It has been estimated that about one in ten thousand of our best educated people is a good reader. Perhaps a smaller proportionat e nnmber of even this class habitually pronounce correctly all the words of their daily vocabulary. Few persons see our writing; hence few know whether our orthography is good or bad, but all hear our conversation and readily determine, from our manner of expressing ourselves, what our association are and have been, whether with the refined and cultured, or with the rude and illiterate. A large number of our mos eminent lawyers, physicians, clergymen, teachers and even college professors habitually mispronounce common words, even the technical terms peculiar to their profession. At a state teacher's institute, the writer has heard a professional elocutionist commit grave orthoepical blunders, yet correct pronunciation is universally regarded as an indispensible eliment of good oratory. So exacting were the Greeks in this regard that the mispronunciation of a single word by Demosthenes would have been greeted with hisses.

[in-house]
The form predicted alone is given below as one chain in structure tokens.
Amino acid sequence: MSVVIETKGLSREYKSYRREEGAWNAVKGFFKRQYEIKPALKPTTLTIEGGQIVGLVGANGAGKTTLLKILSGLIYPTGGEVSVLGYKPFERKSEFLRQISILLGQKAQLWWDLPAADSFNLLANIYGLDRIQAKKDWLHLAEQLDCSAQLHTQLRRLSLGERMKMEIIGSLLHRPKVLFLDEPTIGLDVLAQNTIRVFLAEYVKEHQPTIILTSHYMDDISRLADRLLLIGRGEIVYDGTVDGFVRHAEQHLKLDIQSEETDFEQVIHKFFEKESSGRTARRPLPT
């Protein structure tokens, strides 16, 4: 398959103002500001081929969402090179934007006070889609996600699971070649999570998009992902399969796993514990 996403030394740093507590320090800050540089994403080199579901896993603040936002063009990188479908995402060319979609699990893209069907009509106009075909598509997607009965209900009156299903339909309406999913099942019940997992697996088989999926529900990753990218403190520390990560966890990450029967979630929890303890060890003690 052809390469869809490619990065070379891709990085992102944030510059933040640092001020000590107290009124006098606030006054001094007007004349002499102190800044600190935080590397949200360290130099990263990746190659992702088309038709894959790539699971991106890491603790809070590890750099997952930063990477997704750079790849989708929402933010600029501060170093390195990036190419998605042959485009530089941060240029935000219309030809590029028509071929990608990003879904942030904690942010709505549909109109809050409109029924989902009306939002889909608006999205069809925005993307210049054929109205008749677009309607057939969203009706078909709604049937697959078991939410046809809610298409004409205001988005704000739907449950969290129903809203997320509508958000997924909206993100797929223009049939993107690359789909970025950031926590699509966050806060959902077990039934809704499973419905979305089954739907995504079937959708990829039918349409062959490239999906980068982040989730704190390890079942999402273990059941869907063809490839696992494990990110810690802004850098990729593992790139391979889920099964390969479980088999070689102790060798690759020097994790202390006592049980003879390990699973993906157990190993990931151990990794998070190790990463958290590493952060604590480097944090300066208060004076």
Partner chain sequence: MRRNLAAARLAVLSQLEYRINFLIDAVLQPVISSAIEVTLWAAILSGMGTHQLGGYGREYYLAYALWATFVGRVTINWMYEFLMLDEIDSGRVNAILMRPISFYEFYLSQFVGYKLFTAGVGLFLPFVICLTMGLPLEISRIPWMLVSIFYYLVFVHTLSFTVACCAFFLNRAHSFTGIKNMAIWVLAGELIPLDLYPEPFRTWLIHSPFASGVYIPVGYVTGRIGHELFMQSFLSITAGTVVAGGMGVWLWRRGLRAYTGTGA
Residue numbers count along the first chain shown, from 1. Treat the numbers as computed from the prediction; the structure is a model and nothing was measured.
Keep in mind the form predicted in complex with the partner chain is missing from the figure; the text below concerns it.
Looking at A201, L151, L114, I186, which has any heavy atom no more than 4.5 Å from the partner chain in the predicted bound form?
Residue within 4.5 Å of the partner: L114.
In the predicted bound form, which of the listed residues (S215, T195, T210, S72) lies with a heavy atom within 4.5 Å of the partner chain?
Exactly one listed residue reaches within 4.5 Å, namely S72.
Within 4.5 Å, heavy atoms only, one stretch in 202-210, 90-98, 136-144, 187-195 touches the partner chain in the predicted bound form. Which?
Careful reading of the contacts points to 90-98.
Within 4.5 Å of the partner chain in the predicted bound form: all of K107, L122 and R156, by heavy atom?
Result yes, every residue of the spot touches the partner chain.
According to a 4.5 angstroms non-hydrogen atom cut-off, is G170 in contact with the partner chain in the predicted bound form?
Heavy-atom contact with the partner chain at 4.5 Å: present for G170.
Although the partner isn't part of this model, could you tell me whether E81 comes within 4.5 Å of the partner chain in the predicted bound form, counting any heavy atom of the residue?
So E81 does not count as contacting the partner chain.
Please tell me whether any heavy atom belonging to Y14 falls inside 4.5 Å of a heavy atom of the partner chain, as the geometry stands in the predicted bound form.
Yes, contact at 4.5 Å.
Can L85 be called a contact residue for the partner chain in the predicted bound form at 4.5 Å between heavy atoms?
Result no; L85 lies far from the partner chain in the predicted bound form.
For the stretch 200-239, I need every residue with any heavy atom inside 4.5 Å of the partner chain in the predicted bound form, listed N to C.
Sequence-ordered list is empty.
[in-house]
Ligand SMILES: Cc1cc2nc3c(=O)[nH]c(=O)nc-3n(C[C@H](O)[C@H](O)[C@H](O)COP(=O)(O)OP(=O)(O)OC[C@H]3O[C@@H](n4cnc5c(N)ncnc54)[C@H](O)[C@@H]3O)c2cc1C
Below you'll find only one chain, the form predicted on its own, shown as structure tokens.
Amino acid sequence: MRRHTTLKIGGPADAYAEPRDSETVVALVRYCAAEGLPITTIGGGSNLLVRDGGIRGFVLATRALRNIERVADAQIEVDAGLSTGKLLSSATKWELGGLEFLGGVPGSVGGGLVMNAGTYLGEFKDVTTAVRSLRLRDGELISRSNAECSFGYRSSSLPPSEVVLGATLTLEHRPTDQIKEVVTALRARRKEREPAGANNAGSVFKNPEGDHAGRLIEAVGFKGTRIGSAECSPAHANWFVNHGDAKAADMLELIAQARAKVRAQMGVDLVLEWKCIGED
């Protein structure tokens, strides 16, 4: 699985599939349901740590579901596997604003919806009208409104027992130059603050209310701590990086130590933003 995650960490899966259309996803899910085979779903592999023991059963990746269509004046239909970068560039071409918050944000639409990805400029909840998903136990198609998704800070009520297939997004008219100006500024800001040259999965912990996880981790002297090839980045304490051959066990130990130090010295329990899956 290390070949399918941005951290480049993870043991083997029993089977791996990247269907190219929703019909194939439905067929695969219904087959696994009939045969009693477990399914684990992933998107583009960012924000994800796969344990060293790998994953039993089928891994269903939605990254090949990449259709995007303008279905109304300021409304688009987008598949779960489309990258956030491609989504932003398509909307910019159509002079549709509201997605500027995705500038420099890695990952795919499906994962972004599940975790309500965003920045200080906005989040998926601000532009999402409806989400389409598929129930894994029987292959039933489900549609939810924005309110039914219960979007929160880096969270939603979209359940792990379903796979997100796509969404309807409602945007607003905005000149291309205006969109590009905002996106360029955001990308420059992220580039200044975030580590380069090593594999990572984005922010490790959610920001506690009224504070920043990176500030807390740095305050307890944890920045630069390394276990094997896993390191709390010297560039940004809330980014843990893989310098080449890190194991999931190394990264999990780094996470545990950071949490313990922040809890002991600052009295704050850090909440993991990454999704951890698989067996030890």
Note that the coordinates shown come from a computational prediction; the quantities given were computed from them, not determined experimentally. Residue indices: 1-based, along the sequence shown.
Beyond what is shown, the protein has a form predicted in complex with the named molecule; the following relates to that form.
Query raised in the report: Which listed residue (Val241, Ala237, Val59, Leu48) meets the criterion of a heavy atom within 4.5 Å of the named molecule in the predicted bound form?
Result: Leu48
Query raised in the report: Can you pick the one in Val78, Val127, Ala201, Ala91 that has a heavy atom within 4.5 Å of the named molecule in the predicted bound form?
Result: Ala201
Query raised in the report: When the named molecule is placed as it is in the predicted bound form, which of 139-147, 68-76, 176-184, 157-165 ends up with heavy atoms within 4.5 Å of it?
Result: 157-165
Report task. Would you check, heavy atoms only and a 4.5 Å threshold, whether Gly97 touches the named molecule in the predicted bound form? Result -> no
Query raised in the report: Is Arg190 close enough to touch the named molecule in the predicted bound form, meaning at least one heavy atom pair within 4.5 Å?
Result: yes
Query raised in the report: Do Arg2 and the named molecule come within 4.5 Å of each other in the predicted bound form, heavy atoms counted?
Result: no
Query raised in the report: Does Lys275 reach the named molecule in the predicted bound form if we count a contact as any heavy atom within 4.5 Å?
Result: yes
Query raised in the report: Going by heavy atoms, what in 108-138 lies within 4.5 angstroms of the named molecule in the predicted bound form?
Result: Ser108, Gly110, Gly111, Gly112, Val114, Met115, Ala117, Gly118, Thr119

Letters are but the symbols of certain sounds and the teacher should be able, at sight of the symbol, to give the sound and vice versa, to present the symbol on hearing the sound. He should be able to pronounce correctly according to some established standard every wod in the school-room, to utter correctly all the elementary sounds of the English language scparately and in combination, tơ ellps words phonetically as well as alphabetically, and to write them